I went back to Open Social Security and re-ran the numbers and it does still tell me to file for mine at 62 and survivor at my survivor FRA which is 66 and 10 months for those born in 1961, and he does not file at all. I would have sworn it said to start now for him, but I clearly did not enter something correctly the first time. I am so glad I asked instead of assuming I did it right. Additionally, further research shows that you can only do the 6 month back date after reaching FRA which doesnít happen for DH til next month.

Thanks to all for advice and best wishes. As far as SS goes it seems the best course is to do nothing but I am thinking I am going to be asking for more advice as we go down this long road.
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Old 09-15-2023, 09:20 PM   #15
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Ima, best wishes to you and your husband as you navigate this time.
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Old 09-15-2023, 10:08 PM   #16
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FRA is 66 and 10 months for those born in 1959. It is 67 years for all born after 1959.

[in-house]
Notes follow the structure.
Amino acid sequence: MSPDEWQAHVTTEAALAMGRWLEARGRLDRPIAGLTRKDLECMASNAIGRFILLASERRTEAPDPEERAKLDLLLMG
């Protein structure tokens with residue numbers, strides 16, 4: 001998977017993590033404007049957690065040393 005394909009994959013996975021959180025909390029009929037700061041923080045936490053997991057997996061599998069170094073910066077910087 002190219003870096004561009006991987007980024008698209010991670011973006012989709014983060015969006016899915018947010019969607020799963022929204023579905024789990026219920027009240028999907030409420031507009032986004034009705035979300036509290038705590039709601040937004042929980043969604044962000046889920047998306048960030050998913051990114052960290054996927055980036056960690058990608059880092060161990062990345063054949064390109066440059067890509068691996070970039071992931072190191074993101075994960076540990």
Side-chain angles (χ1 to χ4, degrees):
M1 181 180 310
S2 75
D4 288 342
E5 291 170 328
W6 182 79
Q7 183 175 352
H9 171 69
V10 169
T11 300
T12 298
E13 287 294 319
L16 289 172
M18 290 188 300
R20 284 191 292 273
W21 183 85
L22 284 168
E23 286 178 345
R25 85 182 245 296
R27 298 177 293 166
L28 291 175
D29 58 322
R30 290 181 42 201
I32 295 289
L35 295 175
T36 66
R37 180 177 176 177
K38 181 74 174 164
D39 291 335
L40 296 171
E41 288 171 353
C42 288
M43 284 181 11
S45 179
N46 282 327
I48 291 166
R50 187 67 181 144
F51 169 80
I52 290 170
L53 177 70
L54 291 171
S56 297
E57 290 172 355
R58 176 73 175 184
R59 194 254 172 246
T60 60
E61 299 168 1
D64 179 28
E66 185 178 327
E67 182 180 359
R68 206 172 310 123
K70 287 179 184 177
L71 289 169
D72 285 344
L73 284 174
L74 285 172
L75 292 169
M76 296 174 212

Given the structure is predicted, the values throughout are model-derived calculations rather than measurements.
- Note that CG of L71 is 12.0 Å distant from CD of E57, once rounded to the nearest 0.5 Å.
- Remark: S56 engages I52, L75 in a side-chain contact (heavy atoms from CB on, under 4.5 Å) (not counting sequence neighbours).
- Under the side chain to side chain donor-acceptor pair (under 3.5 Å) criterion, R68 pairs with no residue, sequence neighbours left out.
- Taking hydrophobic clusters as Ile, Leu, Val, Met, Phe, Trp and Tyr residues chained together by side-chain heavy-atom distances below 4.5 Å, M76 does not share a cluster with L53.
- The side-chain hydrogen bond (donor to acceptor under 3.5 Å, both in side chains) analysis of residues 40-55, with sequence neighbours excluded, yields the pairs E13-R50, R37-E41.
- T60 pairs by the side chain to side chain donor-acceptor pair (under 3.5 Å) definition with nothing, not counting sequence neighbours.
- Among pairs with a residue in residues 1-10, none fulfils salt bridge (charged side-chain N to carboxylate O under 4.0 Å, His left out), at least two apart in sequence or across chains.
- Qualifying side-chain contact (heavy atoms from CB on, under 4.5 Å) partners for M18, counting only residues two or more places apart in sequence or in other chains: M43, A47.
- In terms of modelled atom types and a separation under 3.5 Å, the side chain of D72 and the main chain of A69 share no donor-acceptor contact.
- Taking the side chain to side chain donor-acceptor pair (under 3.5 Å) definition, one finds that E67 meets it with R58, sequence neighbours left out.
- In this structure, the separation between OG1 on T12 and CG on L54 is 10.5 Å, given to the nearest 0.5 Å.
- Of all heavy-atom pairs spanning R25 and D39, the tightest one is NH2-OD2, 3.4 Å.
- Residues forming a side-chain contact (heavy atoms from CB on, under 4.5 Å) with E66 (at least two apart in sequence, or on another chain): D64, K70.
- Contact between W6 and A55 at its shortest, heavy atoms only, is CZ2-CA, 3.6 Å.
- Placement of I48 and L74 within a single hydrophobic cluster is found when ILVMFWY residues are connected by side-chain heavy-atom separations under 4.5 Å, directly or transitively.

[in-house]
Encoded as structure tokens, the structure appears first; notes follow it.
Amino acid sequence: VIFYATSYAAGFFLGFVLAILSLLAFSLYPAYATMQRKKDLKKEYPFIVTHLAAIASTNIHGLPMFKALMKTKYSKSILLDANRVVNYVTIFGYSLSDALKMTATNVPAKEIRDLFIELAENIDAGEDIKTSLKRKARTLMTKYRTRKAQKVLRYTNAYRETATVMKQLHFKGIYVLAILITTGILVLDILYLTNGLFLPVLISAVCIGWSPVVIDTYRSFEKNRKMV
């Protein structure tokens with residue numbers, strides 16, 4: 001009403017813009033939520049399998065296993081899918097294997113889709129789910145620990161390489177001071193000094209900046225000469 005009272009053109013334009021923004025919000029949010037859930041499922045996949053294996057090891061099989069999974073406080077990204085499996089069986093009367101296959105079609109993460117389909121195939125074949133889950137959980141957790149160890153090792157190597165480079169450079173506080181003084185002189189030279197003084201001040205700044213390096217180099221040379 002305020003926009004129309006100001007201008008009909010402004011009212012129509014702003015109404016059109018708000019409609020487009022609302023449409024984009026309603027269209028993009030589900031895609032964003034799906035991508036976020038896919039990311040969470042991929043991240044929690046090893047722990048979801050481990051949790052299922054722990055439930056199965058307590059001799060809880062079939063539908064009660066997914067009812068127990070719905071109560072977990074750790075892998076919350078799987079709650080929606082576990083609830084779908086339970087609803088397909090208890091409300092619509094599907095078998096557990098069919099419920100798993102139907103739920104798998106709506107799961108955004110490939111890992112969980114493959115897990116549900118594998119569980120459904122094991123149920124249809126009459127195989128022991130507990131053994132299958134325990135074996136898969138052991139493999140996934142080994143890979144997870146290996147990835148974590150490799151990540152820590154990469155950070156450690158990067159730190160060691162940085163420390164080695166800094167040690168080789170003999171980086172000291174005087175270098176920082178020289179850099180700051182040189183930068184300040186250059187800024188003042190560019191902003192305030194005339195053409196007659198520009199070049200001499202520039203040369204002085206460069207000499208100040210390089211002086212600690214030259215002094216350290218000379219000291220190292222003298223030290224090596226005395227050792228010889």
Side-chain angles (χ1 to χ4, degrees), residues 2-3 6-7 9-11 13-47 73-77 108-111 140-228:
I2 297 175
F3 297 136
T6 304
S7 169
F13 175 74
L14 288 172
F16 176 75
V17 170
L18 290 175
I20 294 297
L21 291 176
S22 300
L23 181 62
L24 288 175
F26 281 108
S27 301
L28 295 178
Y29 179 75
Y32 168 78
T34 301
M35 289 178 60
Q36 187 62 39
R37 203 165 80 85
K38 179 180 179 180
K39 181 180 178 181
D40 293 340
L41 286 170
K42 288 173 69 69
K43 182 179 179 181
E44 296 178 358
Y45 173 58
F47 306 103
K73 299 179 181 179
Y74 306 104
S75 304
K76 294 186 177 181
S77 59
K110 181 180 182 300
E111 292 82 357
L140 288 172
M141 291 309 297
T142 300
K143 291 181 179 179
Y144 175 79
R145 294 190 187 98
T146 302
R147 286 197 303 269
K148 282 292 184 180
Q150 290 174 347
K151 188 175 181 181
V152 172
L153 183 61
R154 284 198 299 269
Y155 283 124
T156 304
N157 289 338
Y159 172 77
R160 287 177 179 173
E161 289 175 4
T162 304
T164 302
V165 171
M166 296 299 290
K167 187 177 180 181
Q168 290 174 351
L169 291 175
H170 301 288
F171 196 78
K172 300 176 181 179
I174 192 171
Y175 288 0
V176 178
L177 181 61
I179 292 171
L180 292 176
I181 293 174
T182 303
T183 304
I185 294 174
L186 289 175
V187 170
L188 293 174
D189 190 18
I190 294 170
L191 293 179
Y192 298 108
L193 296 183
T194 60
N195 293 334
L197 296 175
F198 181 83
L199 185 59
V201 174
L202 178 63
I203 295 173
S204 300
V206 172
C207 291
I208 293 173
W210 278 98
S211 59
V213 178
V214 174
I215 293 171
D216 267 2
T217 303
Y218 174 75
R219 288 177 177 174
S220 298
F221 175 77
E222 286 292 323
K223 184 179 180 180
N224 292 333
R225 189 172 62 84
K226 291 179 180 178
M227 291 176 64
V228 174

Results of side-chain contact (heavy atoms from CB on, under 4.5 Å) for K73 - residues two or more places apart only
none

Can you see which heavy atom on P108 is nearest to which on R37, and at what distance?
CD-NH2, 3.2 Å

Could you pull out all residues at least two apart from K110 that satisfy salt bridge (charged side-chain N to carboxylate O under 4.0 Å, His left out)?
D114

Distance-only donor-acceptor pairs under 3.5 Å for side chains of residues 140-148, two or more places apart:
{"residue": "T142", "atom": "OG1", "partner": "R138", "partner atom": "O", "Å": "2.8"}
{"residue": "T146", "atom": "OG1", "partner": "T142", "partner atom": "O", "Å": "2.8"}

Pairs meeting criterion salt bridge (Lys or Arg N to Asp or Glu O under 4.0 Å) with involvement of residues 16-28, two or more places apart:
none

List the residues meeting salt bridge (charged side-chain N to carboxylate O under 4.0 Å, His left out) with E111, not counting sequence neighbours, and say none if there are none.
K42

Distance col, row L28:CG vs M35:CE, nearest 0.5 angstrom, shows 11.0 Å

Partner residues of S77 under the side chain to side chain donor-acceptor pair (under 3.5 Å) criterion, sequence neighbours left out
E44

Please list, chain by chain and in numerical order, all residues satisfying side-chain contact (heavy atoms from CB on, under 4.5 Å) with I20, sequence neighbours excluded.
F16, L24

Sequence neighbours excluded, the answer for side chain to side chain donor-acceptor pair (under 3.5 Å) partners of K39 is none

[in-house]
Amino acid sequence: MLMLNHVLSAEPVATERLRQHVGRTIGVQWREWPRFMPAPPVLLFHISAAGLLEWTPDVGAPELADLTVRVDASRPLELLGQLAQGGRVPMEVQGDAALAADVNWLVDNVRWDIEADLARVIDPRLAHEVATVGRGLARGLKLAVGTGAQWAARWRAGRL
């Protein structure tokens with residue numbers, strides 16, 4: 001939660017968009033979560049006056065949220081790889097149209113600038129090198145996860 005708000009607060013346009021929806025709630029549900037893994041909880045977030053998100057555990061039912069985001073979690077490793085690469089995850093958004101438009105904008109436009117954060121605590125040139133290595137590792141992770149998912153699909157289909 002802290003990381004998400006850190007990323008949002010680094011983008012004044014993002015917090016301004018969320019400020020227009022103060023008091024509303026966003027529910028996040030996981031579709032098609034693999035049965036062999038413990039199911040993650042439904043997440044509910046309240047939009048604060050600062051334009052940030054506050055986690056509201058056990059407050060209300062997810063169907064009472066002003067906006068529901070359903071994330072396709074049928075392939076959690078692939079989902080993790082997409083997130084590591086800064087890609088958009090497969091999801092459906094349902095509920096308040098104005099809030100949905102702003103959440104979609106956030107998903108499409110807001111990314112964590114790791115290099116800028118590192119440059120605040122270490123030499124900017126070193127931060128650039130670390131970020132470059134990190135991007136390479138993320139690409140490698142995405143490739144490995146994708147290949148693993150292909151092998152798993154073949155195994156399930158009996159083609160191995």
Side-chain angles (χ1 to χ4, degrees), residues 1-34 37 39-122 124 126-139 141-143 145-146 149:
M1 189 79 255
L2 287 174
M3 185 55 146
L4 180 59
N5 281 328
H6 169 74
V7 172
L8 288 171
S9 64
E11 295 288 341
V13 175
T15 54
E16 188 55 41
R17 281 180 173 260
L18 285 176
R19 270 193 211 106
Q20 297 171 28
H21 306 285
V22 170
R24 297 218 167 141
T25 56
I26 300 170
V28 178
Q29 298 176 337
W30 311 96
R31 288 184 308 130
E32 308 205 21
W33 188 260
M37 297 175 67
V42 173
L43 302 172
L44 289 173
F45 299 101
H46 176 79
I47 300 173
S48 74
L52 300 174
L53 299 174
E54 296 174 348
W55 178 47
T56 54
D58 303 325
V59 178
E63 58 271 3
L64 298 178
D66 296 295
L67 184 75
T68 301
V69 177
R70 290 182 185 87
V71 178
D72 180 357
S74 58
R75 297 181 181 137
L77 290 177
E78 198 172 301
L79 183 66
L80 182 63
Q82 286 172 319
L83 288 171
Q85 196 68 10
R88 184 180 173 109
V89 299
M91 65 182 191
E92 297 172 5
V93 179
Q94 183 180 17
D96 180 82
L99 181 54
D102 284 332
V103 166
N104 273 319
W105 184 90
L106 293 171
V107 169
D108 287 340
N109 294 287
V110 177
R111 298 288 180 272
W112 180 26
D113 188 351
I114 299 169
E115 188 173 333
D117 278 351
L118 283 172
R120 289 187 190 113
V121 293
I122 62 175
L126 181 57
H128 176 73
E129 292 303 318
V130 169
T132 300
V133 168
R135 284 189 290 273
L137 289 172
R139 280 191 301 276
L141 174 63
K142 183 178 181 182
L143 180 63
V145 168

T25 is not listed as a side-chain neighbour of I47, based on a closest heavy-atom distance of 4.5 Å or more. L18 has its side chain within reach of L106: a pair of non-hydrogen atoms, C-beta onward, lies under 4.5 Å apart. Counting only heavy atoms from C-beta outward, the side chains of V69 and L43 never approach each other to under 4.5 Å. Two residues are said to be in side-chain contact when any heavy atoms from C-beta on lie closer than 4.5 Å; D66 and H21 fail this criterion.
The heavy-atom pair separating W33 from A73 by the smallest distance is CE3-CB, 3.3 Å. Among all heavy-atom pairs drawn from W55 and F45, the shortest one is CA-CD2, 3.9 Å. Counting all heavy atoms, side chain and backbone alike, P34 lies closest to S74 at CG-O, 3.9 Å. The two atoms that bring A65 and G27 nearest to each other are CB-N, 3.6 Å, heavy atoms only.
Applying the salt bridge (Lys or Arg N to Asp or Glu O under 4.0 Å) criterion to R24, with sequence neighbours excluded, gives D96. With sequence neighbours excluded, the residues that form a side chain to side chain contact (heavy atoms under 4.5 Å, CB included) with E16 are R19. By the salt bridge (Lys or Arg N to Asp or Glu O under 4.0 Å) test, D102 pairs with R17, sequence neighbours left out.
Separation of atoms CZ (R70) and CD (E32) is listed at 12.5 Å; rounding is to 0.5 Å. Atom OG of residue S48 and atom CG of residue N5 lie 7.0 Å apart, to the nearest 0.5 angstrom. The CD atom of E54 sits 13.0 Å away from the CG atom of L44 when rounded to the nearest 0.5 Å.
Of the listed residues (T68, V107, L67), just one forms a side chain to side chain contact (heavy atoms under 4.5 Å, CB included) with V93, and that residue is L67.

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Old 09-16-2023, 12:26 AM   #17
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ImaCheesehead,
I agree with the advice to take yours at 62 and wait for his, so long as you don't need his check.

But it will help to lay out more info here or for an advisor. Other investment accounts are important to know about.

Many here have encountered such cancer events. It may help you to write down your thoughts and advice given in a journal.

I also have prepared a few pages about my demise, and what I'd like to happen. Thinking through these things has its own rewards, and laying down guidance on paper, with periodic reviews, leaves me peaceful.